White House Communications Agency #285--
Remarks in Johnson City, TX.
Upon Signing the Elementary and Secondary Education Bill.
April 11, 1965
Ladies and gentlemen: I want to welcome to this little school
of my childhood many of my former school mates and many who went
to school to me at Cotulla and Houston and San Marcos, as well as
some of my dear friends from the educational institutions of this
My Attorney General tells me that it is legal and constitutional
to sign this act on Sunday, even on Palm Sunday. My minister assured
me that the Lord's day will not be violated by making into law a
measure which will bring mental and moral benefits to millions of
our young people.
So I have chosen this time and this place for two reasons.
First, I do not wish to delay by a single day the program to strengthen
this Nation's elementary and secondary schools. I devoutly hope
that my sense of urgency will be communicated to Secretary Celebrezze,
Commissioner Keppel, and the other educational officers throughout
the country who will be responsible for carrying out this program.
Second, I felt a very strong desire to go back to the beginnings
of my own education-to be reminded and to remind others of that
magic time when the world of learning began to open before our eyes.
In this one-room schoolhouse Miss Katie Deadrich taught eight grades
at one and the same time. Come over here, Miss Katie, and sit by
me, will you? Let them see you. I started school when I was 4 years
old, and they tell me, Miss Kate, that I recited my first lessons
while sitting on your lap.
From our very beginnings as a nation, we have felt a fierce commitment
to the ideal of education for everyone. It fixed itself into our
Over a century and a quarter ago, the President of the Republic
of Texas, Mirabeau B. Lamar, proclaimed education as "the guardian
genius of democracy . . . the only dictator that free men acknowledge
and the only security that free men desire."
But President Lamar made the mistaken prophecy that education would
be an issue "in which no jarring interests are involved and no acrimonious
political feelings excited." For too long, political acrimony held
up our progress. For too long, children suffered while jarring interests
caused stalemate in the efforts to improve our schools. Since 1946
Congress tried repeatedly, and failed repeatedly, to enact measures
for elementary and secondary education.
Now, within the past 3 weeks, the House of Representatives, by
a vote of 263 to 153, and the Senate, by a vote of 73 to 18, have
passed the most sweeping educational bill ever to come before Congress.
It represents a major new commitment of the Federal Government to
quality and equality in the schooling that we offer our young 'people.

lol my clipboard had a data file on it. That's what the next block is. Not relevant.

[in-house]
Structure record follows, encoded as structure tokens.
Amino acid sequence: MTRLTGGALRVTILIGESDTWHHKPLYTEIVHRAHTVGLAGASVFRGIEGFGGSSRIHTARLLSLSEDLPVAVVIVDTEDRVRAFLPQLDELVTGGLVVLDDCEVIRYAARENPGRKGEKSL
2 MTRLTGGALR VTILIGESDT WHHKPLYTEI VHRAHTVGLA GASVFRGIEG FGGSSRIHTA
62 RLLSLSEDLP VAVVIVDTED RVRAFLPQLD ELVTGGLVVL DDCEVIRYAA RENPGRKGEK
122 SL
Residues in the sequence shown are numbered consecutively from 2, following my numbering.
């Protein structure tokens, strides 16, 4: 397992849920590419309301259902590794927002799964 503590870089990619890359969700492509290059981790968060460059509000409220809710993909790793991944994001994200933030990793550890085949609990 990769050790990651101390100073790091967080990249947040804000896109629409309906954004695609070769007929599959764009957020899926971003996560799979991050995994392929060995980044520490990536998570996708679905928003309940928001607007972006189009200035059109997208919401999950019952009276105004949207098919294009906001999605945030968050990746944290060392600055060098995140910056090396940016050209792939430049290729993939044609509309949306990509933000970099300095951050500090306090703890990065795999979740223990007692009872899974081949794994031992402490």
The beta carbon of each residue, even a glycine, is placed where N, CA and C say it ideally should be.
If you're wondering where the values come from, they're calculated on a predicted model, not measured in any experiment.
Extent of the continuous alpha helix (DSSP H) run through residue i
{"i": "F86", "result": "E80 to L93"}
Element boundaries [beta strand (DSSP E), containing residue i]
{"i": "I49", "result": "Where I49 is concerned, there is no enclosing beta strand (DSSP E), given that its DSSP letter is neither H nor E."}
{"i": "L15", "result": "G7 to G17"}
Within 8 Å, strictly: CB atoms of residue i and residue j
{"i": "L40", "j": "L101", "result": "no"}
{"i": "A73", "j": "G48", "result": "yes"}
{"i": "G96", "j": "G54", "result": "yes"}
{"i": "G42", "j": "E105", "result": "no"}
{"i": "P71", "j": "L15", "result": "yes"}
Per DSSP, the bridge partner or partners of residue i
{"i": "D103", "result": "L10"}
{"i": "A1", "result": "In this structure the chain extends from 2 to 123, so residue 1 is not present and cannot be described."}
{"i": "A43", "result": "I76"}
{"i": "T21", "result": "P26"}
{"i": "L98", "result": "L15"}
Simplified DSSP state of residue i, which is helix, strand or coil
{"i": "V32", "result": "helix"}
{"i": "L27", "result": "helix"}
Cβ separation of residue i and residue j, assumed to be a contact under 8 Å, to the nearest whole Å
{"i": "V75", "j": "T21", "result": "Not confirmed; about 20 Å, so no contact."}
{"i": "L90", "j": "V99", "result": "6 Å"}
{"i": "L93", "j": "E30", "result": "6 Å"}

I predict that all of those of both parties of Congress who supported
the enactment of this legislation will be remembered in history
as men and women who began a new day of greatness in American society.
We are delighted that Senator McCarthy could be speaking at the
University of Texas yesterday, and he came up and had lunch with
me today, and is returning to Washington with me at 7:30 in the
morning. Senator McCarthy is an old friend of mine from Minnesota.
Stand up, Senator, and let them see you. He has been working for
this educational bill ever since the first day he came to the House
of Representatives, and ever since he has been in the Senate.
I am delighted to have another good friend of mine who spent the
weekend in his home district--McAlester, Oklahoma-and who came down
here to spend the evening with me, and is returning in the morning,
the distinguished majority leader of the House, without whose efforts
we would never have passed this bill--Carl Albert of Oklahoma.
By passing this bill, we bridge the gap between helplessness and
hope for more than 5 million educationally deprived children.
We put into the hands of our youth more than 30 million new books,
and into many of our schools their first libraries.
We reduce the terrible time lag in bringing new teaching techniques
into the Nation's classrooms.
We strengthen State and local agencies which bear the burden and
the challenge of better education.
And we rekindle the revolution--the revolution of the spirit against
the tyranny of ignorance.
As a son of a tenant farmer, I know that education is the only
valid passport from poverty.
As a former teacher--and, I hope, a future one--I have great expectations
of what this law will mean for all of our young people.
As President of the United States, I believe deeply no law I have
signed or will ever sign means more to the future of America.
To each and everyone who contributed to this day, the Nation is
On Tuesday afternoon we will ask the Members of the House and Senate
who were instrumental in guiding this legislation through the Congress
to meet with us at a reception in the White House.
So it is not the culmination but only the commencement of this
journey. Let me urge, as Thomas Jefferson urged his fellow countrymen
one time to, and I quote, "Preach, my dear sir, a crusade against
ignorance; establish and improve the law for educating the common
people .... "
We have established the law. Let us not delay in putting it to
NOTE: The President spoke at 4:20 p.m. on the front
lawn of the former Junction Elementary School, Johnson City, Tex.
Early in his remarks he referred to Attorney General Nicholas deB.
Katzenbach, Secretary of Health, Education, and Welfare Anthony
J. Celebrezze, and Commissioner of Education Francis Keppel. Later
he referred to Mrs. Kate Deadrich Loney, his first schoolteacher.
He also referred to Senator Eugene J. McCarthy of Minnesota and
Representative Carl Albert of Oklahoma. As enacted, the bill (H.R.
2362) is entitled "Elementary and Secondary Education Act of 1965"
(Public Law 89-10, 79 Stat. 27).